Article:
As fall and winter sets in, this Chicken Corn Egg Drop Soup really hits the spot on a cold day. Chicken Corn Egg Drop Soup is a Cantonese favorite, especially among Hong Kong-ers and, no wonder, as it’s a really souped up (pun intended) version of our beloved egg drop soup with an added protein boost from chopped chicken and a touch of sweetness with the addition of corn.
We interrupt our regularly schedule programming for a note from Kaitlin: Bill (our dad) is allotted a quota of published dad jokes per month. That was one of them. We apologize in advance for any distress caused.
Which variety of corn you use for this special egg drop soup is a personal preference and depends on what you can find at your local markets. Sweet young corn is my preference, but the season always seems to be early and short, hence, we usually use regular yellow corn, which is less sweet but has the body and depth of flavor for making a really flavorful soup. Fresh corn is still readily available during the fall season and if not, frozen corn is a convenient and always-available alternative.
Chicken Corn Egg Drop Soup is usually available on most Chinese restaurant menus if you look for it, and is a welcome change over the usual wonton, hot and sour, and egg drop soup standard trio of favorites. Kick off the start of cold weather days with this one, folks!
Marinate the chicken with 1 tablespoon of water, 1 teaspoon cornstarch, and 1 teaspoon oyster sauce. Mix until the liquid is absorbed into the chicken. Set aside.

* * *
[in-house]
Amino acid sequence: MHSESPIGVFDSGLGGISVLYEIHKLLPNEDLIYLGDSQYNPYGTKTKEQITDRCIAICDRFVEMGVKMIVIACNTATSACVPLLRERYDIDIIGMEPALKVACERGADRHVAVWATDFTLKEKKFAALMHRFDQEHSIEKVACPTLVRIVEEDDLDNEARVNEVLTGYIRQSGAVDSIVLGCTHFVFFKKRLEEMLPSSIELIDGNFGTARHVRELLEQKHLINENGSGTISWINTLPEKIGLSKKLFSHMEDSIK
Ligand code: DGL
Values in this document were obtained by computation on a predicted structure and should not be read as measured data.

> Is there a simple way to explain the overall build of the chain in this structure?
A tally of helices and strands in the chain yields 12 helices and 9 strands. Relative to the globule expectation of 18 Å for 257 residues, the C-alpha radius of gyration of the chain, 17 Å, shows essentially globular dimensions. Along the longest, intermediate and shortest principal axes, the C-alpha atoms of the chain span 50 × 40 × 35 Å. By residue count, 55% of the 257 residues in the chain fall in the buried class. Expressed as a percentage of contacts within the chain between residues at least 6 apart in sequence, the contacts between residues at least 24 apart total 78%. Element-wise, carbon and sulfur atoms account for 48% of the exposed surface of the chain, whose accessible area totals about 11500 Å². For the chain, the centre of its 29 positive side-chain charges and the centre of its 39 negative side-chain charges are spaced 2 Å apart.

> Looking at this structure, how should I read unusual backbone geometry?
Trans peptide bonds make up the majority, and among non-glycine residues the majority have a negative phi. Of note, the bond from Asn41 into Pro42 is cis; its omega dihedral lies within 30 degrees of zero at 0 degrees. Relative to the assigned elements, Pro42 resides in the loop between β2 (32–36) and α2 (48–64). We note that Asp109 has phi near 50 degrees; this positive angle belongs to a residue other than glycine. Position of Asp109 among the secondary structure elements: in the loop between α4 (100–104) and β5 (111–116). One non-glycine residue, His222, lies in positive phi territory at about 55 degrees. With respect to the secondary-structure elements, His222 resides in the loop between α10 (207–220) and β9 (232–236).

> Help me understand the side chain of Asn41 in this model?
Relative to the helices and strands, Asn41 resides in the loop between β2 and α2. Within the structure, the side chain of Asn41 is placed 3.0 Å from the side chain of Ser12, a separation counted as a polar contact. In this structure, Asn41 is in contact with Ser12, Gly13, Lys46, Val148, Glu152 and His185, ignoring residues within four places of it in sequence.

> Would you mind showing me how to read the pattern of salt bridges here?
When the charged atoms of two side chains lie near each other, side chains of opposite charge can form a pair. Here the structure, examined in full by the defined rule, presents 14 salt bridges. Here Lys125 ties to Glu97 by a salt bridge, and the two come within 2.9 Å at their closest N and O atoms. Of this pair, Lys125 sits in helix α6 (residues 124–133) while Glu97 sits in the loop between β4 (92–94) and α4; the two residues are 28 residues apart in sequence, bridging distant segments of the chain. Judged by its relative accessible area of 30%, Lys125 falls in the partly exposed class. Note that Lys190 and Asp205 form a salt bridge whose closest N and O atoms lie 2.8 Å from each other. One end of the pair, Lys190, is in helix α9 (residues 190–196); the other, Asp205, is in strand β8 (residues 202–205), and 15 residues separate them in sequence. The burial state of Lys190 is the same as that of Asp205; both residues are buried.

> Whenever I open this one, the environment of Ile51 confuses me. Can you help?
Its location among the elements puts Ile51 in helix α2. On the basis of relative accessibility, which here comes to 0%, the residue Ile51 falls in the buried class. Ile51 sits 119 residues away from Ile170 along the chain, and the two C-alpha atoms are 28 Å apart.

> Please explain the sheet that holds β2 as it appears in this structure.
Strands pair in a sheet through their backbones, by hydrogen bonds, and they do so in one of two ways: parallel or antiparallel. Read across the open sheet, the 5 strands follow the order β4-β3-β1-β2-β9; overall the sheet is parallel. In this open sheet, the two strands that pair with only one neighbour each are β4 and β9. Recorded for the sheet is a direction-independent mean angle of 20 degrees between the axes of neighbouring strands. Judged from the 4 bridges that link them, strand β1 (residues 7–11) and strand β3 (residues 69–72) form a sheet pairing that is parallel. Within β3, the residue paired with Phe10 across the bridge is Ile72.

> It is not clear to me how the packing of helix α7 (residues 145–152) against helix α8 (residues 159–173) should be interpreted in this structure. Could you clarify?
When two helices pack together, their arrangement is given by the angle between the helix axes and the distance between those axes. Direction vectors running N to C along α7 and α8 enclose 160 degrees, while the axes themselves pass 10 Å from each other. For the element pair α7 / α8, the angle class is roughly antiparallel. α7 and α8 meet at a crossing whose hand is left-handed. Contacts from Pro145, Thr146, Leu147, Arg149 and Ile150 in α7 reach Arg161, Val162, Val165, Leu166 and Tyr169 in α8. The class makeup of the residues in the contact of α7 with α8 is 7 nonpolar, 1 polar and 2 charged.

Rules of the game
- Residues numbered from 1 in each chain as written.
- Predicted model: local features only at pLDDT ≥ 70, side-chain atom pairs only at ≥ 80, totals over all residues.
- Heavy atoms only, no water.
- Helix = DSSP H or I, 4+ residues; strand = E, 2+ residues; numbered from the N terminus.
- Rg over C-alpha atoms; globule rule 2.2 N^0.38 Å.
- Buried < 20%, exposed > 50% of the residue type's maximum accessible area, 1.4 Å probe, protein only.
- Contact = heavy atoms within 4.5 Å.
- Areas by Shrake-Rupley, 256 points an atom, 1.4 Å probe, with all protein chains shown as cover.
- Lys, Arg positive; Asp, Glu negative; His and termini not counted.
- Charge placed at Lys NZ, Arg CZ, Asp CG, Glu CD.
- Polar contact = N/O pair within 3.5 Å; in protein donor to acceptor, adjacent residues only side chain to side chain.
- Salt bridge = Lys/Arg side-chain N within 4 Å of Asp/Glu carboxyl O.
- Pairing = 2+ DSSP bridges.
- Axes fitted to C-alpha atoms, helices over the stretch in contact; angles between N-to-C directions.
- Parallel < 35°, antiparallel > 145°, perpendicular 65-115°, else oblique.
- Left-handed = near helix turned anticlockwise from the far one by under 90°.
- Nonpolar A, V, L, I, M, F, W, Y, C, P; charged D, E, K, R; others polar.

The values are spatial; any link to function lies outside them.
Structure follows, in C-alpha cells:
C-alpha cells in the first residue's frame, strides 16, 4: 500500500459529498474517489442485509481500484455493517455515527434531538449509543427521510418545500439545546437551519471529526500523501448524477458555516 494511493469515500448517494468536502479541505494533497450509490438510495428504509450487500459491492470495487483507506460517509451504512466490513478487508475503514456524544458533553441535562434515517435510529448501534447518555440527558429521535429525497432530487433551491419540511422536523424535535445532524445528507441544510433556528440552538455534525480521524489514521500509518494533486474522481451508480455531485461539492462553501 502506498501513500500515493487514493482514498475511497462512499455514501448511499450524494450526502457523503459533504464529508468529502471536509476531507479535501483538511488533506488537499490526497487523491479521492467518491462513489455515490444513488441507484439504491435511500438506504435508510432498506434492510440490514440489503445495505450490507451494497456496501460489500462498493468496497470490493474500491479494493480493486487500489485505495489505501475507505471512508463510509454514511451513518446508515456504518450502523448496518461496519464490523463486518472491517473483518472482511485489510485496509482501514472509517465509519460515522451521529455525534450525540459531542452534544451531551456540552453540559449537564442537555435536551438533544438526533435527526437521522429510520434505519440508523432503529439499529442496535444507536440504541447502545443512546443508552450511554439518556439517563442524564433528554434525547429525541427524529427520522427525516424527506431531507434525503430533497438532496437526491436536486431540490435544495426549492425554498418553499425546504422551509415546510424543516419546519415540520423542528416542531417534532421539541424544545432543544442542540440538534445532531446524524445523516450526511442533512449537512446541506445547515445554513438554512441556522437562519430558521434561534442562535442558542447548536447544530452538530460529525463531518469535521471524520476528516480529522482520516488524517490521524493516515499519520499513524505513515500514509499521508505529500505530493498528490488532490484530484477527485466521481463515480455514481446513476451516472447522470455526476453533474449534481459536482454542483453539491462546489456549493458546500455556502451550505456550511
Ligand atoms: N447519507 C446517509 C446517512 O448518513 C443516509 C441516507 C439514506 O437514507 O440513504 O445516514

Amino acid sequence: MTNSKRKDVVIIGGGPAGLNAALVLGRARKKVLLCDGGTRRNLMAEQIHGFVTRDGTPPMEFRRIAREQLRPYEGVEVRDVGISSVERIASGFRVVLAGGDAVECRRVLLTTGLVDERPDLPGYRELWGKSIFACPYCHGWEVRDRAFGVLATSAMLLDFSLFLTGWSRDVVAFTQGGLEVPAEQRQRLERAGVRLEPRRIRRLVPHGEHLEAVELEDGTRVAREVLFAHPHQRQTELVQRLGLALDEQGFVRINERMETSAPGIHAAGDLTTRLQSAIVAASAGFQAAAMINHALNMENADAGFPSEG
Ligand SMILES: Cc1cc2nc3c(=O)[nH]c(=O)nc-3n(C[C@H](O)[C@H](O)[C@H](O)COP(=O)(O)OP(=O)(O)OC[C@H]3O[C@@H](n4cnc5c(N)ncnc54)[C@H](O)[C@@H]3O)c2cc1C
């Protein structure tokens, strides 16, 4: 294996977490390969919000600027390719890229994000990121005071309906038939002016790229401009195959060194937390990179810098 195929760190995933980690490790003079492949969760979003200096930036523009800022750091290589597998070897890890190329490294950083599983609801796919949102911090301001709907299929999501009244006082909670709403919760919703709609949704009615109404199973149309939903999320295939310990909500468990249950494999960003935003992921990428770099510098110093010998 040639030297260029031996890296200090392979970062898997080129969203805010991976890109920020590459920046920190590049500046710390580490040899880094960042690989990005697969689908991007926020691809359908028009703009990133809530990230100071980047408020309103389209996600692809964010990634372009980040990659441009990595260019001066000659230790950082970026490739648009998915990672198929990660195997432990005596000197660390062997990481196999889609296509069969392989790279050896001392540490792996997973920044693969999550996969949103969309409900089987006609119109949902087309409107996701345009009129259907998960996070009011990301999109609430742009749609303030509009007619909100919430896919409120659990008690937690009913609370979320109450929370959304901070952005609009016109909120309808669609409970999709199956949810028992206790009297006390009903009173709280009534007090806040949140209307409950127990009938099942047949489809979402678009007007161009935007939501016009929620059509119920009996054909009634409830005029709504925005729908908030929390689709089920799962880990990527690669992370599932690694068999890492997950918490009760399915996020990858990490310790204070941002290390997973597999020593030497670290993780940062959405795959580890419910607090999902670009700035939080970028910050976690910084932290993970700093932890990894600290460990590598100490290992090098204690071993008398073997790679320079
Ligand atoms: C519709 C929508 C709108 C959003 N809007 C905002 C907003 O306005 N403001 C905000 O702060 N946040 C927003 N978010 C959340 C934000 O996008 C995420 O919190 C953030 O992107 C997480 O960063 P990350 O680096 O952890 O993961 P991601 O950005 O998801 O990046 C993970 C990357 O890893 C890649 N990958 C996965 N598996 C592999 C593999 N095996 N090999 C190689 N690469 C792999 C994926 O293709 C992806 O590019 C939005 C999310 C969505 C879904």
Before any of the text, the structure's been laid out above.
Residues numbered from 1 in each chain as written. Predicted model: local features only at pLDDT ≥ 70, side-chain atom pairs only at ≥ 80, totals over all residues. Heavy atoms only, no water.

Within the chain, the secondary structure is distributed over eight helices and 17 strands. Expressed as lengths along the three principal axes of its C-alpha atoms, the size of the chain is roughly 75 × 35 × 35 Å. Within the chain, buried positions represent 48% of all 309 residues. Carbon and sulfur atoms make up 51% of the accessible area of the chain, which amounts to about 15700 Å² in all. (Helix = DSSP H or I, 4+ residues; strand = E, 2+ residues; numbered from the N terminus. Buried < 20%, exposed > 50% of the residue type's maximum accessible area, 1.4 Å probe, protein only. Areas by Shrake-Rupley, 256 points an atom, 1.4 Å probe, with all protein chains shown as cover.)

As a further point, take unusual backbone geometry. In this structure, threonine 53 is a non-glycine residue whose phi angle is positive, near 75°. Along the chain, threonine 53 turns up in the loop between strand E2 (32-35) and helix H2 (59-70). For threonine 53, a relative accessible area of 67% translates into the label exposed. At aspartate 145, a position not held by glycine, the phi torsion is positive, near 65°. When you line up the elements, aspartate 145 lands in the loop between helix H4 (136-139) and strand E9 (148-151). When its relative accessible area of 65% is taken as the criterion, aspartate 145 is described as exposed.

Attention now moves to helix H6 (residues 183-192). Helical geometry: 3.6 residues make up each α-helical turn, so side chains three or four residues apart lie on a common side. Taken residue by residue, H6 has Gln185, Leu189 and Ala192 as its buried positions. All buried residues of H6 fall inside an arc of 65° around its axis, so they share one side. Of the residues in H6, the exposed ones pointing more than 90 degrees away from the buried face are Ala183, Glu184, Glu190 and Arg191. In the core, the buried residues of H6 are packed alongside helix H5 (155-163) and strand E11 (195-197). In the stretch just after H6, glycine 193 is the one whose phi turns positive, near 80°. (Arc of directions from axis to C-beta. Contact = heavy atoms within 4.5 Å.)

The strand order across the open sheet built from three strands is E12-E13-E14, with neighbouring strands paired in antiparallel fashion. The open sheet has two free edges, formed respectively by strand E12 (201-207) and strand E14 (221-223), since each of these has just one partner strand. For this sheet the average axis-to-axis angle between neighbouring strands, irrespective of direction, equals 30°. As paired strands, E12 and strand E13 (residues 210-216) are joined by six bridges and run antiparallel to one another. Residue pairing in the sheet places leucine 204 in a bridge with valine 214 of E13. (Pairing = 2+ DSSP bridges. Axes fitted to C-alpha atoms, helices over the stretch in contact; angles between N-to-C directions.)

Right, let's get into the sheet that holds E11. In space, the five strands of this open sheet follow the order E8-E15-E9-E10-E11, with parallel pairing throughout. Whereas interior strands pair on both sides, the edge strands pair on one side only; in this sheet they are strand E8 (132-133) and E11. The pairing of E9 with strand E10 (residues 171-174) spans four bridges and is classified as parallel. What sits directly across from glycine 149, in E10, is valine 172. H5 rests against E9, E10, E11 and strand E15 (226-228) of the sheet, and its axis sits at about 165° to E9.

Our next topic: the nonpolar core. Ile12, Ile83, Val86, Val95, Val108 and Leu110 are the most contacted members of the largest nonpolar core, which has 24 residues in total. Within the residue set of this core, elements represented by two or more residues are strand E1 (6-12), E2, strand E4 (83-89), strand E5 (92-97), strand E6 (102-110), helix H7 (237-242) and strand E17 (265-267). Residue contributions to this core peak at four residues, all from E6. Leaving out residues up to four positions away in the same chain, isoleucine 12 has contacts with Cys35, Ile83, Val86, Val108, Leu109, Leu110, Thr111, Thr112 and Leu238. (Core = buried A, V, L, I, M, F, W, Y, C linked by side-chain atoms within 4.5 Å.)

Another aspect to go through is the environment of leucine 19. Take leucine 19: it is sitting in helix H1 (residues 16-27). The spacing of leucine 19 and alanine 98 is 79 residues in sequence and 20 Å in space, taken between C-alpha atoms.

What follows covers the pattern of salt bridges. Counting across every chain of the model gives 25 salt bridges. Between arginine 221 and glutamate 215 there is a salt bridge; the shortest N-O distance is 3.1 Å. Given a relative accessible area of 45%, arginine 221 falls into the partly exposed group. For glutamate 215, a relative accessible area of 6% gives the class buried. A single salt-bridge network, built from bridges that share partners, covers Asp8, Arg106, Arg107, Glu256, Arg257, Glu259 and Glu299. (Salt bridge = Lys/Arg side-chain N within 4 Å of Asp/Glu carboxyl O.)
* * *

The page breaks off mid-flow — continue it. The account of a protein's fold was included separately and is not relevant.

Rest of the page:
Finely mince ½ cup of the corn kernels and set aside. Add the chicken stock, minced and whole corn kernels, and turmeric powder to a pot and bring to a low boil. Reduce the heat, cover, and simmer for 10 minutes.
Next, add the sesame oil, salt, and white pepper. Turn up the heat slightly.
Add the chicken to the soup, and use a spoon or ladle to break up any clumps of chicken while stirring for one minute.
Re-mix the cornstarch and chicken stock slurry until incorporated (since the cornstarch and water will separate when left to sit for more than a few minutes).
Use a spoon or a whisk to stir the soup while slowly pouring in the cornstarch slurry. The soup will begin to thicken further as the cornstarch cooks. Keep stirring for another 30 seconds. If the soup is too thick, add more stock, and if it’s too thin, add more cornstarch slurry until the soup is at your preferred consistency.
Next, use a large spoon or ladle to gently stir the soup in one direction, while slowly pouring the beaten egg whites into the soup. Stirring slowly in a large slow circular motion will yield large “ribbons” of egg and stirring faster will result in a finer “egg flower.”
Again, use your own discretion on how you personally like the texture of the egg!
Stir in half of the scallions, and add the rest as a garnish for serving. If you’re looking for a bit more flavor, you can also drizzle a bit of sesame oil over the top and sprinkle some chopped cilantro and fresh ground black pepper over each bowl.
Enjoy this chicken corn egg drop soup!